The article, “Treatment on a Plate,” appeared in The Economist on October 16th. The article reports on the role of nutrition in addiction treatment.
“A new approach that acknowledges the underlying biochemistry might improve this situation…Its tools are not drugs but dietary changes. The theory is that providing food rich in the precursors of lost neurotransmitters will boost the levels of those chemicals, and thus reduce craving.”
Dr. Aileen Burford-Mason, who prepared Nutrition and Meal Planning Guidelines for Pine River, writes,
“Brain chemistry is very sensitive to poor nutrition. The nervous system, a huge circuit of elaborately interconnected cells (neurons, or nerve cells), controls the flow of information throughout the body. These cells manufacture neurotransmitters such as dopamine, serotonin, and acetylcholine, responsible for mood, sleep, memory, focus and functioning. They have calming and anti-depressant effects. It is because of the interaction of these molecules that we can reason, learn and remember, feel pleasure, sadness or remorse, and thus are capable of changing behaviour in response to cues from our surroundings.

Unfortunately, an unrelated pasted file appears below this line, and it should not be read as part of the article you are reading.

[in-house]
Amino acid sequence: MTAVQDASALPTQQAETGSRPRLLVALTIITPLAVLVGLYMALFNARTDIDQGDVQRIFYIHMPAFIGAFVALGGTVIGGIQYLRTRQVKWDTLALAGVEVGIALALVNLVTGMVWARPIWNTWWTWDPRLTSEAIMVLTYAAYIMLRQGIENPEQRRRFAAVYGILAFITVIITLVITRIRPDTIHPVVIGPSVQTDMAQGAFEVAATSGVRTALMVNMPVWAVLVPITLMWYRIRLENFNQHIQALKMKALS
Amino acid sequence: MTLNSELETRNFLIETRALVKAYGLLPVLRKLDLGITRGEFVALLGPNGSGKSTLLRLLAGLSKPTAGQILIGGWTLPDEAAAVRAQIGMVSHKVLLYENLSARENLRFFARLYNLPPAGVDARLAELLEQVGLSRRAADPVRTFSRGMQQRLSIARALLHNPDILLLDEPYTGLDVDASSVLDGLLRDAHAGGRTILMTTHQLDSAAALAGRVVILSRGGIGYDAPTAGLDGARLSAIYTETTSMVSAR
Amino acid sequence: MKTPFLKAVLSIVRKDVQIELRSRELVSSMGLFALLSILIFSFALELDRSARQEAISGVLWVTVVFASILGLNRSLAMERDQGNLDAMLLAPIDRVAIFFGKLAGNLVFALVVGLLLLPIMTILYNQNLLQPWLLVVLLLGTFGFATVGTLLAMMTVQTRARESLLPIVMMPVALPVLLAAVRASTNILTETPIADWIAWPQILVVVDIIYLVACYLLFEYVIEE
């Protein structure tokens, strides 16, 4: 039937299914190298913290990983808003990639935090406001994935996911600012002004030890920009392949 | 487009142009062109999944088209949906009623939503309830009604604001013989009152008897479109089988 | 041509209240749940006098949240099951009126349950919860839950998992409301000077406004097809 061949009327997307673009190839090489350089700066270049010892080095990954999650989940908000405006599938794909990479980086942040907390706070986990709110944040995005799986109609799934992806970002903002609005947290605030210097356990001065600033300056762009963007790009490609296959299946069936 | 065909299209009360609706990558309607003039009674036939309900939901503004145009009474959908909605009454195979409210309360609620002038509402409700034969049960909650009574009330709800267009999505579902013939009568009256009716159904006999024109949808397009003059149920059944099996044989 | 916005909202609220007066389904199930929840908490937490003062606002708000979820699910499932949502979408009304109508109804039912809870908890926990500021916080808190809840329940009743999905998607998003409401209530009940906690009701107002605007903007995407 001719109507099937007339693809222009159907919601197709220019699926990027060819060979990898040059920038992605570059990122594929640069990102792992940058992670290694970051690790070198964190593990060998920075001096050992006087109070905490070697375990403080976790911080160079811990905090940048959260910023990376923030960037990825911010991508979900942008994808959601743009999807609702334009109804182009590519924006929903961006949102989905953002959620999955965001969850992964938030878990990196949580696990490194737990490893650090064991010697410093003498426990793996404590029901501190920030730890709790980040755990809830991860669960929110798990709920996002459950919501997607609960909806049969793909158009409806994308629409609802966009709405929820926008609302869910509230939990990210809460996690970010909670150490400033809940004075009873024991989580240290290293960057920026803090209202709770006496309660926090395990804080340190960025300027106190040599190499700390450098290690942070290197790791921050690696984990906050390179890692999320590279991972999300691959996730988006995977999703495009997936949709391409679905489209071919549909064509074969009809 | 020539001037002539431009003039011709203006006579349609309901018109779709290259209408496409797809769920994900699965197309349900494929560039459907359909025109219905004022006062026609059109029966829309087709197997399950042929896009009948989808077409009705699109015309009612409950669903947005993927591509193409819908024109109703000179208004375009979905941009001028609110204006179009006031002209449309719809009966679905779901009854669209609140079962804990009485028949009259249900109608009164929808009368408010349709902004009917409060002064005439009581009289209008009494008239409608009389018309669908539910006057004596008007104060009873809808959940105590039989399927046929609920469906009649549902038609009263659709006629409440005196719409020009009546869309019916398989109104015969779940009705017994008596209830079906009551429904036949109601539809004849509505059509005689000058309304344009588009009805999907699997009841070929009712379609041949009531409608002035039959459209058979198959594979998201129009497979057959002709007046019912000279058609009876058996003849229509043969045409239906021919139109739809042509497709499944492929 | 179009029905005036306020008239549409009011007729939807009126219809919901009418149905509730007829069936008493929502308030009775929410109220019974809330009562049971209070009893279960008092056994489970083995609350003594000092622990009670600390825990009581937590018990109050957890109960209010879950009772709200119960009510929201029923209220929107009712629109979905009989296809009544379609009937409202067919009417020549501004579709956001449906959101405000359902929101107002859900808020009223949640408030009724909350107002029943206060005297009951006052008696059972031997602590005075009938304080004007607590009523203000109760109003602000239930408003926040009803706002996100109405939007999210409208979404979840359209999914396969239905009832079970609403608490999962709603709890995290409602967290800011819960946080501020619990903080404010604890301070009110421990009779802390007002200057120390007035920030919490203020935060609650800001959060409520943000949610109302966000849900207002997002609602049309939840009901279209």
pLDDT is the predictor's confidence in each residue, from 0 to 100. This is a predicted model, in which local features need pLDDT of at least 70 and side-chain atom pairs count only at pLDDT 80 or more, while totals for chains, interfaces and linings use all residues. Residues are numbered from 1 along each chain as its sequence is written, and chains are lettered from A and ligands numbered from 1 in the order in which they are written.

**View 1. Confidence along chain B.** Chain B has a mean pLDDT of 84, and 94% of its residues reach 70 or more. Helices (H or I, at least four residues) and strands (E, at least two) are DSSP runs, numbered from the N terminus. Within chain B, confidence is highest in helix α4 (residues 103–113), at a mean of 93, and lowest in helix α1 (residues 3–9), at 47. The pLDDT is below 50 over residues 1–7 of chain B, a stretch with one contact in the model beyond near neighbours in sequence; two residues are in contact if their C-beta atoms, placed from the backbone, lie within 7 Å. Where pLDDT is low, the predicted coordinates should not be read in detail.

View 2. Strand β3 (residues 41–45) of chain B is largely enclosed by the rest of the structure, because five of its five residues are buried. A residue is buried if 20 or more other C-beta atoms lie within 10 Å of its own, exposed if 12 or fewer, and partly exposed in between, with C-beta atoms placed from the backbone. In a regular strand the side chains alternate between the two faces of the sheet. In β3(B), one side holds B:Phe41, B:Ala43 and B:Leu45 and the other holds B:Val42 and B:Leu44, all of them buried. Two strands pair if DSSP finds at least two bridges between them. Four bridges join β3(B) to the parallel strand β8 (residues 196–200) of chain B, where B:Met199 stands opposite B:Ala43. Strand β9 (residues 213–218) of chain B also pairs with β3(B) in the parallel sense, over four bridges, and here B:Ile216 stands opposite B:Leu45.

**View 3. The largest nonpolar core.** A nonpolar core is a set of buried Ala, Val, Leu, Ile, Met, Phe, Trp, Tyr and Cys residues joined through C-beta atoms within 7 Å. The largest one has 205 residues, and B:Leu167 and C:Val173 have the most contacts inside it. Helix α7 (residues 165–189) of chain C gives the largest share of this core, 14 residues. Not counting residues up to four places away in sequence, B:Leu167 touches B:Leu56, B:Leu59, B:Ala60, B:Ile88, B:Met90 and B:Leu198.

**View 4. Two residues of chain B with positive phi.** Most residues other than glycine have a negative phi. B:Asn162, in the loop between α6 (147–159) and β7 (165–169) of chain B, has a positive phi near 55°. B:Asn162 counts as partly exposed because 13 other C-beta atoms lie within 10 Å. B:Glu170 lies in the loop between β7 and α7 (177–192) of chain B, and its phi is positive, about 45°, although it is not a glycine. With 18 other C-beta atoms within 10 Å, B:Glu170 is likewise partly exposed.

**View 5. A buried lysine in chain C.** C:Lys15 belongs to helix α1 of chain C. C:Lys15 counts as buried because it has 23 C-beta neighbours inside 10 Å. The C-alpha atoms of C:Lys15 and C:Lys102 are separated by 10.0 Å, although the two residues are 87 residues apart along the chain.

Lack or imbalances of these neurotransmitters can reduce motivation and increase cravings for alcohol and drugs. The level of dopamine, serotonin and acetylcholine in the brain has been known for more than 30 years to be dependent on a meal-by-meal intake of their precursor molecules (building blocks) as well as the balance of nutrients eaten together.”
To read “Treatment on a Plate” in The Economist, click here
To read Pine River Institute’s complete Nutrition and Meal Plan Guidelines, click here